IN THE 19th century, the carnival would tail the travelling circus like some parasitic commercial venture. Lurking in the shadows of the big top was the sideshow world of snake charmers and magicians, games and brightly painted carousel horses, and the unfortunate displays of “human curiosities”, so aptly characterised by sociologist Robert Bogdan as the “pornography of disability”. In recent years, the carnival has kind of lost its charm. Coin-fed machines have replaced the wandering carnies and the ferris wheel seems slow and daggy compared to the latest gravity-defying roller-coaster.
Until last night, my own personal carnival experiences were less than satisfactory; I remember buying lengths of tickets from a pimply teenager in a booth, dreaming of winning the largest stuffed teddy or, more recently, ending my day at the carnival by weaving unsteadily home from Flemington, all bedraggled feathers and blistered toes.
Within half an hour at the Carnival of Mysteries, however, I was propositioned by an undead, sex-crazed Anatomically Correct Librarian, had an ink portrait of my hands drawn, and was serenaded by The Living Radio in a sideshow tent the size of a wardrobe. I watched a magic show where every trick went hilariously wrong, and saw a demonstration in shakin’ it by The Handsomest Dancer Ever Born.
These are just a handful of the acts created by 30 artists, all of which explore the broad themes of innocence, passion, mercy, forgiveness, and love.
Performance artist Moira Finucane and theatre director Jackie Smith have combed through history, fiction and Hollywood legend to create this warped and wacky carnival, transforming the bowels of fortyfivedownstairs into an opulent – and authentically shabby – den of iniquity and awesomeness. You can imagine these performers rolling up the colourful curtains and lengths of golden beads to take their little bit of sawdust magic to the next town.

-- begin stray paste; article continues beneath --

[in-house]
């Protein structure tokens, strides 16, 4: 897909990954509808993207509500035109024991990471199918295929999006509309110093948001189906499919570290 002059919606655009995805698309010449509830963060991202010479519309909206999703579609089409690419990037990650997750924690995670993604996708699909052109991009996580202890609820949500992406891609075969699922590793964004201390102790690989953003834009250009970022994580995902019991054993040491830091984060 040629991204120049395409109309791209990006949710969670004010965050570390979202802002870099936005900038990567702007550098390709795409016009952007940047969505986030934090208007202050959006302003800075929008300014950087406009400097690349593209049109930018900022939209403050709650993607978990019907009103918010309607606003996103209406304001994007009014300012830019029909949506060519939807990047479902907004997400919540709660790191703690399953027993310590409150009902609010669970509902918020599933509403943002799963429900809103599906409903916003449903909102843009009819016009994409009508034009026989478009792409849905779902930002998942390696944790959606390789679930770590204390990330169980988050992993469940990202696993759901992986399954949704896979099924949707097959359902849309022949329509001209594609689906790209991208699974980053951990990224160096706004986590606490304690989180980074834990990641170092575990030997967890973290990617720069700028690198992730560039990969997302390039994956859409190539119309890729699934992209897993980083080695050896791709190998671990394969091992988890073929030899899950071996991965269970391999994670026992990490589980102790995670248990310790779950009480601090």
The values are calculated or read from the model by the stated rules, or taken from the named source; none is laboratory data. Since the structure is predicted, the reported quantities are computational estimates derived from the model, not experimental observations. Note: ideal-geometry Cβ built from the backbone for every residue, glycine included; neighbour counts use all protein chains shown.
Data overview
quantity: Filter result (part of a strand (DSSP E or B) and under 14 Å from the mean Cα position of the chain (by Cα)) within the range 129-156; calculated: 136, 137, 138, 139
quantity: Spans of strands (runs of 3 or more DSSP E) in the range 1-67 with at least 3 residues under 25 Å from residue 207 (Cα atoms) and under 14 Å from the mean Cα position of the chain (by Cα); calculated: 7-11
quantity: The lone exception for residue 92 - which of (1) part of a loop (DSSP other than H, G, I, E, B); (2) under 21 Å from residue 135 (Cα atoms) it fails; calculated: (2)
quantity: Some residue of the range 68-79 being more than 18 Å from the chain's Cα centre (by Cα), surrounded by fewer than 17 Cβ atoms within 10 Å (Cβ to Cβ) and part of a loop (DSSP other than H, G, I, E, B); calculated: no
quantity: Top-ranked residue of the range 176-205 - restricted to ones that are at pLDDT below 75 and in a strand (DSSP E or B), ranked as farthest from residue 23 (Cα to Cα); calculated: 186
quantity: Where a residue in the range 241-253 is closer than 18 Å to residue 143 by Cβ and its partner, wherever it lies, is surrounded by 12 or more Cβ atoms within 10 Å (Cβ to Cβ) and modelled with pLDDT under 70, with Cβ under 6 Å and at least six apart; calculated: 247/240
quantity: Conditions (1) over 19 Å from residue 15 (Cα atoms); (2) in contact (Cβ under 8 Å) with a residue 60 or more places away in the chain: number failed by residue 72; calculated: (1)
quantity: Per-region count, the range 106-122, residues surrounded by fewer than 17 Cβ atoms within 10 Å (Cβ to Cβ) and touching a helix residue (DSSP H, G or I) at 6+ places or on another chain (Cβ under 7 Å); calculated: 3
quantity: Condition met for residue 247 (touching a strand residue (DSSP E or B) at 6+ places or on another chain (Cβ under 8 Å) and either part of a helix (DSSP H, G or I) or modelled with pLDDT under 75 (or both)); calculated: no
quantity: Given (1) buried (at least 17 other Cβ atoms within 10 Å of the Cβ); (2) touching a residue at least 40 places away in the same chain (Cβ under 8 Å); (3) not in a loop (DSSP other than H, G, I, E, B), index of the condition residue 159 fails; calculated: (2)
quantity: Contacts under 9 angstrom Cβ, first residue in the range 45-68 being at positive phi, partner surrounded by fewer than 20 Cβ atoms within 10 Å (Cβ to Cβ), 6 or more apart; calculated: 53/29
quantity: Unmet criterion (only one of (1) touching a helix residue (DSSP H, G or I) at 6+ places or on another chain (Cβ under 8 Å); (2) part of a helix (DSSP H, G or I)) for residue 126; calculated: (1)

Hand-painted panels and flickering signs point the way to The Tent of Miracles or The Shrine of Mysteries, where acts as varied as a burlesque striptease or a tap-dance number are squeezed into tiny, curtain-lined spaces. The Pleasure Garden, packed with tables, is the site of more impromptu performances and, of course, fairy floss for sale.
The beauty in Carnival of Mysteries is all in the imaginative details. A ticket to the show buys a wad of “illegal tender” and entry into as many performances as you can afford. A “carnival passport” doubles as a program, featuring pages of old-fashioned advertisements describing the curiosities on display; promising seers, gigolos, and erotic performances for those with enough “carny cash” to enjoy them.
Unfortunately, it is impossible to see every act in Carnival of Mysteries and so no two experiences can be quite the same. Some of the individual acts are more exciting than others; the performances by Finucane and Maude Davey, in particular, are worth hanging around for.
However, most acts have that edginess of irony and dark humour that balance the sexuality of burlesque performance, gently mocking everything we love, and love to hate, about a trip to the carnival.